Middle Eastern Aircraft Services Company Gains Efficiency With RFID

While Airbus and other aircraft manufacturers have been taking a leading role in deploying radio frequency identification for the management of airplane parts, one aviation company has leveraged Airbus’ knowledge to create its own solution. Abu Dhabi Aircraft Technologies (ADAT)—a third-party provider of maintenance, repair and overhaul (MRO) services—has deployed an RFID system at its facility to manage work-in-progress for the parts it services for its customers, which include Airbus and other aircraft manufacturers. The system has helped ADAT reduce turnaround times, and has provided information that the firm can employ to further improve efficiency.

ADAT developed the solution at Airbus’ RFID Centre of Excellence, a site at which the aircraft maker displays, demonstrates and tests RFID systems for its own internal use, and to assist its customers in deploying RFID technology. ADAT’s RFID system is designed to track components from their reception at a dedicated receiving area—the company’s Component Control Center—through to numerous repair stations (also known as workshops), and to the dispatch area from which those parts are then shipped back to the customer. By reading the tags during these multiple processes, ADAT attains a real-time view into the progress of each MRO service being provided for every component, and can thus identify if a delay occurs. In addition, personnel at the multiple service areas can use the technology to view the parts that may be en route to their station.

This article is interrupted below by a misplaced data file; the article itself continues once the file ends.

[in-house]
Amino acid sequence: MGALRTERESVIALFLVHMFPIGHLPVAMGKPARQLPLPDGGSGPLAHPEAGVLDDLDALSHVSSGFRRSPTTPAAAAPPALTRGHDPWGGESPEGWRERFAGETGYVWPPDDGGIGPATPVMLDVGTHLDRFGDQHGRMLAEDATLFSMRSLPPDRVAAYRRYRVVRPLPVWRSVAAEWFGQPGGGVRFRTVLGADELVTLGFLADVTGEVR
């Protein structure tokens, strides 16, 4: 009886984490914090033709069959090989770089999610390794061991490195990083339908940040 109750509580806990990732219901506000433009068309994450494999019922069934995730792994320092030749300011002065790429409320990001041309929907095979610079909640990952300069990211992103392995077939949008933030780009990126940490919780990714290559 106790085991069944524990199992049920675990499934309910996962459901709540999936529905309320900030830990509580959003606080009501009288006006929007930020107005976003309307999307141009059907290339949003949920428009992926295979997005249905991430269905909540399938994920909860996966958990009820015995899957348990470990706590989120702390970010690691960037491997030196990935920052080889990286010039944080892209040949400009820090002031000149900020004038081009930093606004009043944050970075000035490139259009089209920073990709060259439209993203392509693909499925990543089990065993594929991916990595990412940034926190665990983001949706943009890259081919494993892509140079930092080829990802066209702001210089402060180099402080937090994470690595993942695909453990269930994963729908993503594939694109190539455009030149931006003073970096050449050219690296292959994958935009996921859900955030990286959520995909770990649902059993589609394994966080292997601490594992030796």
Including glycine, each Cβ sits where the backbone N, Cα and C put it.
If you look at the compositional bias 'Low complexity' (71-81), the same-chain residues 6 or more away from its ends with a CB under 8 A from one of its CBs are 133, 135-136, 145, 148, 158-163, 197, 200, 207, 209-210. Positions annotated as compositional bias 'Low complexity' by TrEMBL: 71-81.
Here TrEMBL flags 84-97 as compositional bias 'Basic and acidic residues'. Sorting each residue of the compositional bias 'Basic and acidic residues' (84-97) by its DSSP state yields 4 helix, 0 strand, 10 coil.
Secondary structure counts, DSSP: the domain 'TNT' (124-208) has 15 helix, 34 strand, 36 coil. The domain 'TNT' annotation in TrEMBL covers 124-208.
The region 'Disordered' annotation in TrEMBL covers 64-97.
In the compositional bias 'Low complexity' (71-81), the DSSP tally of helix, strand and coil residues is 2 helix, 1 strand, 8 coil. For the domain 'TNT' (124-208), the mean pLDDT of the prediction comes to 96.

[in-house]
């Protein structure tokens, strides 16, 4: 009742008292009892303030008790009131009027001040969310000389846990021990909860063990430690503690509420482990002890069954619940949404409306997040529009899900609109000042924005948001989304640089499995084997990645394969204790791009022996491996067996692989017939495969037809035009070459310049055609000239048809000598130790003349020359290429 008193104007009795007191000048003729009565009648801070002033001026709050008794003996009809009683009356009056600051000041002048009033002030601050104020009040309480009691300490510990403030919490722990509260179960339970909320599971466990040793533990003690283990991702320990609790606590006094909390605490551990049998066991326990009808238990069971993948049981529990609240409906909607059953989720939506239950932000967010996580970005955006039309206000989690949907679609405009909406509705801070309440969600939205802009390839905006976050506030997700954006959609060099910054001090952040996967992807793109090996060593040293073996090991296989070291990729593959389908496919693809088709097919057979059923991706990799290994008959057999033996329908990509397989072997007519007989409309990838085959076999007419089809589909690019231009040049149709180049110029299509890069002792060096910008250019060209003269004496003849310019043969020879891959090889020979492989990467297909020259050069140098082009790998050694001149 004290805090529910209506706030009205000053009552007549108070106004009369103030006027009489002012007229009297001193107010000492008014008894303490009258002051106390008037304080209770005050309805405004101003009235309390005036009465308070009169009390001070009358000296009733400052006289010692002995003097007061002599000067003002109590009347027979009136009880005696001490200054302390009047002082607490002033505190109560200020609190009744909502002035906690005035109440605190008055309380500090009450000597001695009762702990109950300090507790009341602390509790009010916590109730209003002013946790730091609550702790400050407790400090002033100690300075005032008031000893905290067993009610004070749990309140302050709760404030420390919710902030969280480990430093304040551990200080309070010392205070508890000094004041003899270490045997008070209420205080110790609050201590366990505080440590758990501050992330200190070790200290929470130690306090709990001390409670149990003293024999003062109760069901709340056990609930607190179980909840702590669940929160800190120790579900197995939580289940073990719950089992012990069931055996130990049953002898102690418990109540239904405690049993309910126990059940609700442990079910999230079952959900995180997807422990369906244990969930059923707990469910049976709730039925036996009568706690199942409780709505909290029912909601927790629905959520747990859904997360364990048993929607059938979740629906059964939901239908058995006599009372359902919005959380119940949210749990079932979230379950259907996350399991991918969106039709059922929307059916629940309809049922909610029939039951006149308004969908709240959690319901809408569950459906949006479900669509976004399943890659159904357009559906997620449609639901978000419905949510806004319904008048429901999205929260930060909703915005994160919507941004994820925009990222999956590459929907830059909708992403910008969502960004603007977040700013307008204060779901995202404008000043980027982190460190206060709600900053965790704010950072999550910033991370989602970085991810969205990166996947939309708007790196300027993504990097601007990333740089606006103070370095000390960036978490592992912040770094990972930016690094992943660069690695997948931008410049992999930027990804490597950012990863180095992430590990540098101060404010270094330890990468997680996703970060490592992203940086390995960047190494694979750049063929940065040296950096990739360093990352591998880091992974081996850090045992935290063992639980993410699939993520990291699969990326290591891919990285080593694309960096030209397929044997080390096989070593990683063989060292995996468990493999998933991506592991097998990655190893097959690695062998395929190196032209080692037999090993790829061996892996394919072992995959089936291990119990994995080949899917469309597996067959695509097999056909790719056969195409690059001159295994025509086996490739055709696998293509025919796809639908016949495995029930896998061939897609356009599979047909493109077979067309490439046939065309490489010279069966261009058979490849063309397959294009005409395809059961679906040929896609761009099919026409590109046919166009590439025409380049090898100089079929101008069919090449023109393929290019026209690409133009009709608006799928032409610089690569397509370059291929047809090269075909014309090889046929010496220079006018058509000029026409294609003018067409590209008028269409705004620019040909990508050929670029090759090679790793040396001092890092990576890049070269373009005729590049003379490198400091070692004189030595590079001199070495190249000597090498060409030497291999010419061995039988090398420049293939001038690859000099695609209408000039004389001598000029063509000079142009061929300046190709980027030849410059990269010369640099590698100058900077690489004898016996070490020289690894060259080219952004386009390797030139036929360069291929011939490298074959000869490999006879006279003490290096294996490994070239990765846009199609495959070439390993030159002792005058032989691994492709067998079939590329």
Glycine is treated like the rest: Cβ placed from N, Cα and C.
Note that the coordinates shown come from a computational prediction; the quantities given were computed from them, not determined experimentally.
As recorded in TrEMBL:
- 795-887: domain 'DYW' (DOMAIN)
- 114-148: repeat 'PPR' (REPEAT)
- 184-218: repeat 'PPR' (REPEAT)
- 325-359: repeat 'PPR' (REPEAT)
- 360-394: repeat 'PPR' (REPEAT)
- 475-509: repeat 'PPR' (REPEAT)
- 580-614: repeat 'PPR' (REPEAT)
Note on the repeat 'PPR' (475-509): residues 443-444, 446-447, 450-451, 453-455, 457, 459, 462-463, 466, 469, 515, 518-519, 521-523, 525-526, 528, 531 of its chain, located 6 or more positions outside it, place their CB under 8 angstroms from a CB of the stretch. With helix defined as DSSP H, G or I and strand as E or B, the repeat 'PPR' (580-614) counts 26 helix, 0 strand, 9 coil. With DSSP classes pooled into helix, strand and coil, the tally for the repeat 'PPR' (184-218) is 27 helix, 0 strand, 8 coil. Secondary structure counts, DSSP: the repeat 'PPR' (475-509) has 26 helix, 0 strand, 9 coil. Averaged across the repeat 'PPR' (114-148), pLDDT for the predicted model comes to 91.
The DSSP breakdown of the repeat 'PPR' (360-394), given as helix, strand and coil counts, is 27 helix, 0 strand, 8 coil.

The company’s facility, located in Abu Dhabi, United Arab Emirates (UAE), encompasses 88,000 square meters (947,000 square feet), and includes the Component Control Center receiving area, as well as workshops for component overhaul and repair, including airframe and technical support. Because of Airbus’ knowledge of RFID technology deployment, ADAT approached the company to establish a customized RFID design that would reduce the turnaround time of component repairs. The technology is aimed at benefiting not only ADAT, but also its customers—including Airbus.

The company first met with Airbus in November 2010, recalls Abdul Khaliq Saeed, ADAT’s CEO, in order to learn more about the aircraft manufacturer’s own RFID installation projects and how they are being used, or are planned to be used. At that meeting, he says, Airbus invited ADAT to visit its RFID team at Airbus’ showroom in Toulouse, to receive a firsthand look at the technology and how it works. ADAT’s executives conducted that visit the following month.

“Seeing the RFID technology demonstrated in Toulouse,” Saeed says, “it was immediately clear that RFID had much to offer in our quest to improve business processes and performance.” ADAT realized that the technology could aid its efforts to improve the efficiency of the services it provides to customers, he adds, and also ensure that delays did not occur. What’s more, both the company’s management and its staff—as well as customers, if requested—would know, in real time, what work-in-progress was underway.